Now, I have a Spinal Cord Stimulator implanted in my body. A Spinal Cord Stimulator is an interesting instrument and has given many people their lives back. I did a lot of research on the SCS and interviewed people who had the SCS implanted to find out how they were doing. Everyone seemed to be pleased, so I decided to take a chance on it.
    First, you have to go through a psych test to make sure you understand what the SCS is and what the doctor will be doing. Before the doctor implants the SCS, you go through a trial of the SCS. The trial worked wonderfully for me. Although the doctor was only able to get one lead along my spine, I had no pain, not one single bit of pain on my right side. But my left side was a different story because the lead was not hitting the nerves on the left side. I was on cloud nine. Finally, here was the hope.
    Do you know what it is like to have Pain, Chronic Pain and how it changes your life? I use to teach, choreograph, and dance line dancing. I worked out and walked. I played with my granddaughter and enjoyed picking blackberries for pies. I vacuumed, mopped, and dusted the house. But I wasn’t doing much of anything now. And I was mostly depressed.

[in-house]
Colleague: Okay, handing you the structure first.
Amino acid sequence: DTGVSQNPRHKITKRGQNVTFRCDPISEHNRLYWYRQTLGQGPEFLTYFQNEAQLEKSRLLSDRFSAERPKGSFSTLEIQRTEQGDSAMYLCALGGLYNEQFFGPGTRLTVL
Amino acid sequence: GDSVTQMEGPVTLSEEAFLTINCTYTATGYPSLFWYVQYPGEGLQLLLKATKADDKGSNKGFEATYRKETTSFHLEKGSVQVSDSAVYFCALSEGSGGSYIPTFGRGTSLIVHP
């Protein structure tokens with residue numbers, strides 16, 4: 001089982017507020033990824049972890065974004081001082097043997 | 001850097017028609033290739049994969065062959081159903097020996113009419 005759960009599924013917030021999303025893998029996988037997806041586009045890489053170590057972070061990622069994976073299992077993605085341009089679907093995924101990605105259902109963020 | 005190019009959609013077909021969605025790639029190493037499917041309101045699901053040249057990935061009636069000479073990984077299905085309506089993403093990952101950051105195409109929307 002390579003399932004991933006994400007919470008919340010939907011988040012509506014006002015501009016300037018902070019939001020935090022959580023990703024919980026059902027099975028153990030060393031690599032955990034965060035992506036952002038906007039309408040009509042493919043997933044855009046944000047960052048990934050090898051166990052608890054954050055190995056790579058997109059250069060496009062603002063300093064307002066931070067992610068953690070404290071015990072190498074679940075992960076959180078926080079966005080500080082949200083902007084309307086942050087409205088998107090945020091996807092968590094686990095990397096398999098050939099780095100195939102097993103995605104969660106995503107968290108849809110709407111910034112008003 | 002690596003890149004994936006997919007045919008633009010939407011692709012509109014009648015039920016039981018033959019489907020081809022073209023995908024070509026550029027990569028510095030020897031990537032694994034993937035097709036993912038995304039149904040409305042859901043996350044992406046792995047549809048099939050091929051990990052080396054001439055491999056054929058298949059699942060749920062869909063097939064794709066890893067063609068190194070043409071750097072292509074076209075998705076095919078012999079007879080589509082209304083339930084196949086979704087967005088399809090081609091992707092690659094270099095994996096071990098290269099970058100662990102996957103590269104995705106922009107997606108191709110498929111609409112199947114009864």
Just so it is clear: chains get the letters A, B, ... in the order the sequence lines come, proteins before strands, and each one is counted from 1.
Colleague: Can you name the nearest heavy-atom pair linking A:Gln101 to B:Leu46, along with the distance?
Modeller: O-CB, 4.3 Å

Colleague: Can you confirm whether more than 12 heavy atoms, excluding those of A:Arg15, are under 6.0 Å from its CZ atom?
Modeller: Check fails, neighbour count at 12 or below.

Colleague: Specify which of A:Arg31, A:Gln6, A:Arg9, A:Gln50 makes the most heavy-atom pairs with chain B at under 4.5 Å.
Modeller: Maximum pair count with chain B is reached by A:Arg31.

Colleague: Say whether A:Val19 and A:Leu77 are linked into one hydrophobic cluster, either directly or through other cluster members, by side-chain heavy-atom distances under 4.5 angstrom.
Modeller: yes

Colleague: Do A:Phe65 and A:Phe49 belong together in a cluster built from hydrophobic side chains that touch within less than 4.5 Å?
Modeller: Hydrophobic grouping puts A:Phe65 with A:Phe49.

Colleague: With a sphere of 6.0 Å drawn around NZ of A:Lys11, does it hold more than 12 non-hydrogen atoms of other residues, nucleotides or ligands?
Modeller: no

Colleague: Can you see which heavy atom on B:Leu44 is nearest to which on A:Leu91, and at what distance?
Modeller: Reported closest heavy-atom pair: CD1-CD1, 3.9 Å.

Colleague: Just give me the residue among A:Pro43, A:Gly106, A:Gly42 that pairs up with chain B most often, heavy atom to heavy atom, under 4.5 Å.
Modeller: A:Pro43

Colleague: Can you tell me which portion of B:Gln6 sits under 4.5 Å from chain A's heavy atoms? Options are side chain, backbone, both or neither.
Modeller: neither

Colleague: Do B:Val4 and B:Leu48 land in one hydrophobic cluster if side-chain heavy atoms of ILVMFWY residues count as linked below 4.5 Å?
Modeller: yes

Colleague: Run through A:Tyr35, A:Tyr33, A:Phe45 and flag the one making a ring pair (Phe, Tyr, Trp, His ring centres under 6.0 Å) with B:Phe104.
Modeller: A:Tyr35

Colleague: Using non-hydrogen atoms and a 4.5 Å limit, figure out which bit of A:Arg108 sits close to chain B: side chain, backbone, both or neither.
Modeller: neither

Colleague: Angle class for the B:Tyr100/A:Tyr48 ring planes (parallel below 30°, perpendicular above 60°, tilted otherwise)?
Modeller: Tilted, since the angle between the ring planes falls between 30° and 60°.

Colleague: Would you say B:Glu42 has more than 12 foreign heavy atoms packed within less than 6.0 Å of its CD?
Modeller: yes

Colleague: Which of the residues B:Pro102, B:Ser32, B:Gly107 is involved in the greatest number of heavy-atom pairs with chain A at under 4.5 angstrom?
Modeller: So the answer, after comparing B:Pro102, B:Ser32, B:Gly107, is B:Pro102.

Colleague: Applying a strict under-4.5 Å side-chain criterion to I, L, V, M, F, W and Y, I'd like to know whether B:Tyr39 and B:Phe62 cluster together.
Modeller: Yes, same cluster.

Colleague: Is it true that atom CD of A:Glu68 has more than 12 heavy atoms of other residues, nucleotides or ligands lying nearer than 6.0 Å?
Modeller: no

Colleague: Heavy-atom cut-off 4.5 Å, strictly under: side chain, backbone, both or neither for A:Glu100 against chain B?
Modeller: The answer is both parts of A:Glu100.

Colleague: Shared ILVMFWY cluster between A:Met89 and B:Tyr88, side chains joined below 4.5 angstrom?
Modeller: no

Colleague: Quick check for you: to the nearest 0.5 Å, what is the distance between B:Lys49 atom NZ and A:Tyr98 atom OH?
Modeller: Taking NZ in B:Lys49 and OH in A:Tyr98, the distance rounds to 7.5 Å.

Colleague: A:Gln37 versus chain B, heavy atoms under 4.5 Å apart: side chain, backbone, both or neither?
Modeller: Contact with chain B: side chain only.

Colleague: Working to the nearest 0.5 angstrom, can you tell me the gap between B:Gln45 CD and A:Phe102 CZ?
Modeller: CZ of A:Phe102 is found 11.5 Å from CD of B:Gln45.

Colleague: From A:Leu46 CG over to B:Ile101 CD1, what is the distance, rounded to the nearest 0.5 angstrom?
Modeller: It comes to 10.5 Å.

So, after six months we finally found a doctor who agreed to put the stimulator in my back. Every doctor before this one was afraid to put it in my back due to the instrumentation and scar tissue. But this guy said he didn’t see a problem.
    That was a year ago, and I can say with full confidence that it didn’t work. Oh, I may have 20% less pain, but that’s on a really good day. A few weeks ago something happened with my lower back. The pain was worse than it has been since before the stimulator or even the SI Joint Fusion. I saw my doctor, and he decided to put me on the Fentanyl Patch along with hydrocodone until my brain understood the patch was taking over. I don’t like to mention the patch even to my family. There is so much controversy over the patch due to the misuse of it; most people don’t follow the instructions and end up using the patches more often than they should.
    The patch wasn’t in and wouldn’t be in for five days. I was in the worse pain I have ever been in since this episode began four years ago. It hit me from the lower part of my back straight down my legs. It felt like knives going in and out and sometimes it was throbbing or aching or stinging. There are days I don’t even remember because of that pain. When the patches came in, and I started the hydrocodone, it took several days before the pain became tolerable. And I was crying non-stop. You can ask my husband how much fun I was to be around.
    It’s been a week now, and I finally feel like this might be the ticket. But the pain can change so fast that you learn to enjoy what you have today and try not to worry about tomorrow.
    How do you cope with pain? The best way you know how. And if you don’t know if that is the best way, then you ask for help. Because there are people who can help you. Check out The American Chronic Pain Association. If you can’t seem to get help from your doctor, then go with the ACPA. But get help.